On the Creative Partnership of Sylvia Plath and Ted Hughes
Heather Clarks Guests on The History of Literature Podcast with Jacke Wilson
For tens of thousands of years, human beings have been using fictional devices to shape their worlds and communicate with one another. Four thousand years ago they began writing down these stories, and a great flourishing of human achievement began. We know it today as literature, a term broad enough to encompass everything from ancient epic poetry to contemporary novels. How did literature develop? What forms has it taken? And what can we learn from engaging with these works today? Hosted by Jacke Wilson, an amateur scholar with a lifelong passion for literature, The History of Literature takes a fresh look at some of the most compelling examples of creative genius the world has ever known.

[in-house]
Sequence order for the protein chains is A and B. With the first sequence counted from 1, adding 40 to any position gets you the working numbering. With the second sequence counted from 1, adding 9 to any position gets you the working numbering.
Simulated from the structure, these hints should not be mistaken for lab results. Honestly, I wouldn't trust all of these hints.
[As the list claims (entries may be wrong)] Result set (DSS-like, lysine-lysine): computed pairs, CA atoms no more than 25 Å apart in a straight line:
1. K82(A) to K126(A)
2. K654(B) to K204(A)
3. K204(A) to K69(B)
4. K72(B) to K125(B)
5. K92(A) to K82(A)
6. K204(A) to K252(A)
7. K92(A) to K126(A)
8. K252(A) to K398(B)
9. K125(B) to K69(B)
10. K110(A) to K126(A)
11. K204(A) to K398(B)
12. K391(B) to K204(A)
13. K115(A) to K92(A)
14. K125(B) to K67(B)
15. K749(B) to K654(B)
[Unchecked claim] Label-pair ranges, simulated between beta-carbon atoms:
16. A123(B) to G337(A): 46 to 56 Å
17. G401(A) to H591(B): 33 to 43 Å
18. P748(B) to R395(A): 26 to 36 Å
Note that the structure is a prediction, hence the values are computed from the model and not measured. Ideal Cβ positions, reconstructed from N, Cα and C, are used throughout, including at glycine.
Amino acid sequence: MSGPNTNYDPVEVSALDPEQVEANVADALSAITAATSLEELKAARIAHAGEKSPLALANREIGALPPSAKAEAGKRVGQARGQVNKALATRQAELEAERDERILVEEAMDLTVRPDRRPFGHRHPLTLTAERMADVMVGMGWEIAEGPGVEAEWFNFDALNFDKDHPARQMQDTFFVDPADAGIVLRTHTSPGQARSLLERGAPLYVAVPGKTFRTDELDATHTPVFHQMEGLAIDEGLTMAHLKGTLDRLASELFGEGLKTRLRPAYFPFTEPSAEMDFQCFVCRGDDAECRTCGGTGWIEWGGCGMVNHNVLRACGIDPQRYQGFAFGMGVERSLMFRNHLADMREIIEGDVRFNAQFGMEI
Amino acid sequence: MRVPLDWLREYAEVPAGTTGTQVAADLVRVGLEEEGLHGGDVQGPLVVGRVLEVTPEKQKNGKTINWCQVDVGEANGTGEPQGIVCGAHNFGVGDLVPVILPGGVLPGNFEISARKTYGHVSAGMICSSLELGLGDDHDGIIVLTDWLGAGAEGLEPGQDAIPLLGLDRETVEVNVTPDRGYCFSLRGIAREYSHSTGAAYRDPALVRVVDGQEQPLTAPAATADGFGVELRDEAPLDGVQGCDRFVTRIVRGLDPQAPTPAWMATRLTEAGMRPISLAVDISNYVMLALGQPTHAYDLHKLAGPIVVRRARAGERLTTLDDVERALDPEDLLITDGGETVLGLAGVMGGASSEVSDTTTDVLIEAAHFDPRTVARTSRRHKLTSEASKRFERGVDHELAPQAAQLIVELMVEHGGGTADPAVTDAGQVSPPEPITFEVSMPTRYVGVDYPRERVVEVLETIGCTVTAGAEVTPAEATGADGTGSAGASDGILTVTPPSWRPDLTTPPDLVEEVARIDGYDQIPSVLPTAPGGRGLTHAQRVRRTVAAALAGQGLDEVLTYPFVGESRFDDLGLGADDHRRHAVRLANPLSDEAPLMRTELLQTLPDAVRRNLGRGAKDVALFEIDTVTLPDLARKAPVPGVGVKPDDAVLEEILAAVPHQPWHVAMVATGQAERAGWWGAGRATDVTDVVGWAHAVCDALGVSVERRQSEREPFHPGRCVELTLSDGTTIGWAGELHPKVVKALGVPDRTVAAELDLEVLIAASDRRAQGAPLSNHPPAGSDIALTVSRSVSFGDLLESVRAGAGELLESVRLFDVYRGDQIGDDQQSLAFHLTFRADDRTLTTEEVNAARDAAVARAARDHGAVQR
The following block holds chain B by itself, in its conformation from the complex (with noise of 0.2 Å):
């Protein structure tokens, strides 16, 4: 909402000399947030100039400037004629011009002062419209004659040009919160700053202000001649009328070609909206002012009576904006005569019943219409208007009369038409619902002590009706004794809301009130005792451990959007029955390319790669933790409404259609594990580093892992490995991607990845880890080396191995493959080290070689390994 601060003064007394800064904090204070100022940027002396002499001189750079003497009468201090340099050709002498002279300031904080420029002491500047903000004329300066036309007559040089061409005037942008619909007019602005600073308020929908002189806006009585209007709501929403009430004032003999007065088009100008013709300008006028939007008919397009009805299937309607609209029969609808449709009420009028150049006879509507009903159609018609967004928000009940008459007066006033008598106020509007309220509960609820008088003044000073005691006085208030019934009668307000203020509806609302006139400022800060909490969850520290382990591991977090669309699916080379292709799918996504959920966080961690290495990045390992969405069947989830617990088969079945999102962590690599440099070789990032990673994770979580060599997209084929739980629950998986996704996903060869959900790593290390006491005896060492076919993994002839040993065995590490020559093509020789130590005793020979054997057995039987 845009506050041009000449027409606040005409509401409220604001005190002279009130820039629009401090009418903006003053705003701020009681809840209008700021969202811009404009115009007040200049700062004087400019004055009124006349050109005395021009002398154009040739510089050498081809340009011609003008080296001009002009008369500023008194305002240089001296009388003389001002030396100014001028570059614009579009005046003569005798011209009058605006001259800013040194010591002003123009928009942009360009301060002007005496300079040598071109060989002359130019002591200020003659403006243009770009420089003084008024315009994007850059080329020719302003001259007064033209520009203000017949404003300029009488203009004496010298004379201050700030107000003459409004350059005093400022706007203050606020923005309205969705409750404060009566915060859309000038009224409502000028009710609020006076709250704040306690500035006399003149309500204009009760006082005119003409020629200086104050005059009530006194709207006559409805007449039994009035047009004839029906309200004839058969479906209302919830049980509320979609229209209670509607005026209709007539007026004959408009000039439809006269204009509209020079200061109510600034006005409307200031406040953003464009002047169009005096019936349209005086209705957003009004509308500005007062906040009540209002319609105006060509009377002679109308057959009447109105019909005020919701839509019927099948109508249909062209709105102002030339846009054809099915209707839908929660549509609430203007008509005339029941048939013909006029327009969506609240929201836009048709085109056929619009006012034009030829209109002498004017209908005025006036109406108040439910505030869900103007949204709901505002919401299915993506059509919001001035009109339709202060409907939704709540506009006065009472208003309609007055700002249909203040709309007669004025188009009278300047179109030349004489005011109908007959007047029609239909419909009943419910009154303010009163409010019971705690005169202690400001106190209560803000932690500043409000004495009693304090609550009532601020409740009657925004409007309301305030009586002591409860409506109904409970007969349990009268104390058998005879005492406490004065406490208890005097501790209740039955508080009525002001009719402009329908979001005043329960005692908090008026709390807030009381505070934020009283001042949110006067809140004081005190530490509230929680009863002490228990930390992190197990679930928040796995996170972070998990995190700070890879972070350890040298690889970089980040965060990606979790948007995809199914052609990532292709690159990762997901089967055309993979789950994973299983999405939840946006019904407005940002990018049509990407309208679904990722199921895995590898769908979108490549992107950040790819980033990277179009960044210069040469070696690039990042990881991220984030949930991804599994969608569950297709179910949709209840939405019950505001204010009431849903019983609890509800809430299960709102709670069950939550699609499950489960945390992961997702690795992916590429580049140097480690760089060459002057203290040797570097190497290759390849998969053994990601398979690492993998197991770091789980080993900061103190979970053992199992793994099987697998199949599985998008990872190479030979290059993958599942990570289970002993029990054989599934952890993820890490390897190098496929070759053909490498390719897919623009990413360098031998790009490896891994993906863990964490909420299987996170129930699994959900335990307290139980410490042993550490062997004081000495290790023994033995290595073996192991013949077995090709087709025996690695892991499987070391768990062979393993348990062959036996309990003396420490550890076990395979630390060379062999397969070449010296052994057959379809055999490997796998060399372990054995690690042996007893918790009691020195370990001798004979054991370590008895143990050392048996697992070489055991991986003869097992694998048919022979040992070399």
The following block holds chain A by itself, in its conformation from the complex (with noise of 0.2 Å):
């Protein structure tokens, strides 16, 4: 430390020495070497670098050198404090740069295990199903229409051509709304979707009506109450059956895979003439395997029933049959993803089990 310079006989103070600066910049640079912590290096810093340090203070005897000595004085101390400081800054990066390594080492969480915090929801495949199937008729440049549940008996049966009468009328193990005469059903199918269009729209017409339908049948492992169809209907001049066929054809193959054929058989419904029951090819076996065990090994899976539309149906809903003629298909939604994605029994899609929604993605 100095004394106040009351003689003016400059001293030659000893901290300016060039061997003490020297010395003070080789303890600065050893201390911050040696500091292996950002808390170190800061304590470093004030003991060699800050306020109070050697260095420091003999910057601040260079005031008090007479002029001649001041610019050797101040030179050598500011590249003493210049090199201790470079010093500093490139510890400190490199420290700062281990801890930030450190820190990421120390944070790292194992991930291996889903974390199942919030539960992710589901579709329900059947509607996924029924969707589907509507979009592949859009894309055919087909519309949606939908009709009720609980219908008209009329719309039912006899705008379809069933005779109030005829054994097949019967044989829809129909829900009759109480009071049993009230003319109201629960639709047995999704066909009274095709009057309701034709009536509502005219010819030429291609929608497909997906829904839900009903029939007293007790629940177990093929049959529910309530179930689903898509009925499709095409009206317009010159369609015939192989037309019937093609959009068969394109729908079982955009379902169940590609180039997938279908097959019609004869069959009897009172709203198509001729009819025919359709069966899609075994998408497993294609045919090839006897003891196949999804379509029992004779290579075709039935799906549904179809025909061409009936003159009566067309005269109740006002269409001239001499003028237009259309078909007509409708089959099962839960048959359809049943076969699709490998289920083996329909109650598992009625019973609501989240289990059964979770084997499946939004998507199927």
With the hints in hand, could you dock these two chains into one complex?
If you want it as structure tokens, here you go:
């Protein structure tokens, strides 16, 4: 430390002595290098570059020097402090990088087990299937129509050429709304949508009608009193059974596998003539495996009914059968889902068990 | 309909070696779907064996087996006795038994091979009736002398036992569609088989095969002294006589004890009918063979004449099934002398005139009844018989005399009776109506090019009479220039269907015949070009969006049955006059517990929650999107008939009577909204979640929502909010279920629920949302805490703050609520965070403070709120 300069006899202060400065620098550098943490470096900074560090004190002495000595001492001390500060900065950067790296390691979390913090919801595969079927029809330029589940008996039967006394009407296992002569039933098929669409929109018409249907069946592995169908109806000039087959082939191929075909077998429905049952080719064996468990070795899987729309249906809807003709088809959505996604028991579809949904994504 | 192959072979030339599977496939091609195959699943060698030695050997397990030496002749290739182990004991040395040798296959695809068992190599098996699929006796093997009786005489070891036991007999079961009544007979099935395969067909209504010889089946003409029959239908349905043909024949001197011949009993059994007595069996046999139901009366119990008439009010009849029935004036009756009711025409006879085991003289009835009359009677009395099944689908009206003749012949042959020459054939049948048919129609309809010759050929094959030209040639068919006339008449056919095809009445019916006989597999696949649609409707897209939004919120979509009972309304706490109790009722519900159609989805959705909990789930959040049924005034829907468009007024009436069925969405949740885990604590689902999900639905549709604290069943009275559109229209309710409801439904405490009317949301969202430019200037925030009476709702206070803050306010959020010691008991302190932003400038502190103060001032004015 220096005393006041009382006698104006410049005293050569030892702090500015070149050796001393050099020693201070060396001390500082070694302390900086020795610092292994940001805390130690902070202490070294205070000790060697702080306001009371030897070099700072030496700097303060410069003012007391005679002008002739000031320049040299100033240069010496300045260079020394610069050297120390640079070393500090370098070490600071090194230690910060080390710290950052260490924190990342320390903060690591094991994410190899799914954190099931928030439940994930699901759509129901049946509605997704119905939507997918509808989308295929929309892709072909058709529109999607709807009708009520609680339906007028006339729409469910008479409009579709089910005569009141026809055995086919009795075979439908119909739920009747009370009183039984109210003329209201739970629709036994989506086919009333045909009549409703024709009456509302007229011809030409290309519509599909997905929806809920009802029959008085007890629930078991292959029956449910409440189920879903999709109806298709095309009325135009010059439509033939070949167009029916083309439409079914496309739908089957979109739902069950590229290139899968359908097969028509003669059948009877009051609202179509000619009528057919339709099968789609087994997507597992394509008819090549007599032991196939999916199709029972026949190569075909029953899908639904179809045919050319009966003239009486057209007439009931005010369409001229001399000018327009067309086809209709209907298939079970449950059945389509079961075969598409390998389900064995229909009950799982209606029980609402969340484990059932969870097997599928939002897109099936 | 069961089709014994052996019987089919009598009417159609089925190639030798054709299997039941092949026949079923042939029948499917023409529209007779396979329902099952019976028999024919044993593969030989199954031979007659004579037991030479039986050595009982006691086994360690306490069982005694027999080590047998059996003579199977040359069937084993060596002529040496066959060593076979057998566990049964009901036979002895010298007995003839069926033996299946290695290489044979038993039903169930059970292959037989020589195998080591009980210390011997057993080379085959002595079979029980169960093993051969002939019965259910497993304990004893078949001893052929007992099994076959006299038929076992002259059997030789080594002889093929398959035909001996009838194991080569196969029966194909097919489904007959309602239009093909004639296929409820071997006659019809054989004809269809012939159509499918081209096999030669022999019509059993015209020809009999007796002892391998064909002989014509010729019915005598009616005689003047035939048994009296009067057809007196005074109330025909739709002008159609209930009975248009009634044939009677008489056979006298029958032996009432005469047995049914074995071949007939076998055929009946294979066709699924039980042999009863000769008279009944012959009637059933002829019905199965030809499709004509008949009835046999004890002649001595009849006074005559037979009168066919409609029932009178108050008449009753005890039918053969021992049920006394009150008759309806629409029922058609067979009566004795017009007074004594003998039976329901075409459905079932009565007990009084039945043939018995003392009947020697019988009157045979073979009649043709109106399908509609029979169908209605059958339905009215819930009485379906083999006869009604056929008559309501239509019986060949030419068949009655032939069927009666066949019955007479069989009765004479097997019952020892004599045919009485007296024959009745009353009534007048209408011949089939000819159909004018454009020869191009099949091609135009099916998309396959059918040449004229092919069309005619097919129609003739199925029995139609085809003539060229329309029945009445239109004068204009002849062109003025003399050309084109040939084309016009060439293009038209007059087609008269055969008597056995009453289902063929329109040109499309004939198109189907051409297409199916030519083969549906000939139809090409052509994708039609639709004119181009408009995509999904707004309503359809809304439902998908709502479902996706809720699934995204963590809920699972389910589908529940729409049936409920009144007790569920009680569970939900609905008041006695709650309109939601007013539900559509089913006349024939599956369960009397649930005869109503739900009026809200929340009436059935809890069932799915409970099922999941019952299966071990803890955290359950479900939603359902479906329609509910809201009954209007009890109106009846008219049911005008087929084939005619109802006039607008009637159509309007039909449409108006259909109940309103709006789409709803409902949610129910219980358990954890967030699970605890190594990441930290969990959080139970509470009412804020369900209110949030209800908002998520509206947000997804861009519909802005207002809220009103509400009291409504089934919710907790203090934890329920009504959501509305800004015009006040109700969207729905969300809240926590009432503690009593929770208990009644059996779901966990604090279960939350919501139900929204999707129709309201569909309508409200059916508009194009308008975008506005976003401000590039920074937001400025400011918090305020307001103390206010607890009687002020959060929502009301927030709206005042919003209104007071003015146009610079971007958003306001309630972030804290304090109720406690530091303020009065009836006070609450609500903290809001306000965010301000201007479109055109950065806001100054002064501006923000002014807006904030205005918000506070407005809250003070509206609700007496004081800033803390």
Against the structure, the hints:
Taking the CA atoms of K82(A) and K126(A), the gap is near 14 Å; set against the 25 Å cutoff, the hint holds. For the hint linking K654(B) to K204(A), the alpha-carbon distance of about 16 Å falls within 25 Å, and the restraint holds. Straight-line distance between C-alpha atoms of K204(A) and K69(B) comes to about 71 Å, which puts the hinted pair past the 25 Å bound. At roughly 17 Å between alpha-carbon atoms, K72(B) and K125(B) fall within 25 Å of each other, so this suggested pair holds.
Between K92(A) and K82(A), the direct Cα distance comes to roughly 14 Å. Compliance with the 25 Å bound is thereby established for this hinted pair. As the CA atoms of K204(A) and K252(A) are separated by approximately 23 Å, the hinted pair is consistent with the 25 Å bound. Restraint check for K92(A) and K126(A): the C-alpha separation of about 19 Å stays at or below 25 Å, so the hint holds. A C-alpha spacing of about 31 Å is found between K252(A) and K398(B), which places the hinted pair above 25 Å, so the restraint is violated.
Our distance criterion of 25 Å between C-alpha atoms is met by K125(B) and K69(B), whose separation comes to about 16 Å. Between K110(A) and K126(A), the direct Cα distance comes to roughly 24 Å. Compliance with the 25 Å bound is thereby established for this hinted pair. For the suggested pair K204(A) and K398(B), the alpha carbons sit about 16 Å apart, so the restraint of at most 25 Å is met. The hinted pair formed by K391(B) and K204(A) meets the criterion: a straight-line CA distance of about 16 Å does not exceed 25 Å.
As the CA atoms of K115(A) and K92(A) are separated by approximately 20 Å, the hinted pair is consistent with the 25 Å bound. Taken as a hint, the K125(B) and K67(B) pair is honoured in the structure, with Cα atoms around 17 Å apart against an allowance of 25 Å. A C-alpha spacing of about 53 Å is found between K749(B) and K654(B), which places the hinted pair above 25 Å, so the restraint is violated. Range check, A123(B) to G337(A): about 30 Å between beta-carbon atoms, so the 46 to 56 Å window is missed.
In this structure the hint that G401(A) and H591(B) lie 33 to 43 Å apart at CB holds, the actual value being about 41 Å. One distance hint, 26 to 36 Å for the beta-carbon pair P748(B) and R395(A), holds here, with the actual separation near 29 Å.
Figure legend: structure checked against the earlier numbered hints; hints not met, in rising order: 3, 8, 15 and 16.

Ultimately, the marital relationship of Sylvia Plath and Ted Hughes was filled with pain and ended in tragedy. At the outset, however, things were very different. Within months of their first meeting at Cambridge, they had fallen in love, gotten married, and started having children—all while writing poetry and supporting one another’s art. What did they see in each other as people and as poets? How did they inspire and encourage one another? In this episode, Jacke talks to Plath’s biographer Heather Clark, author of Red Comet: The Short Life and Blazing Art of Sylvia Plath, about the creative partnership of Sylvia Plath and Ted Hughes.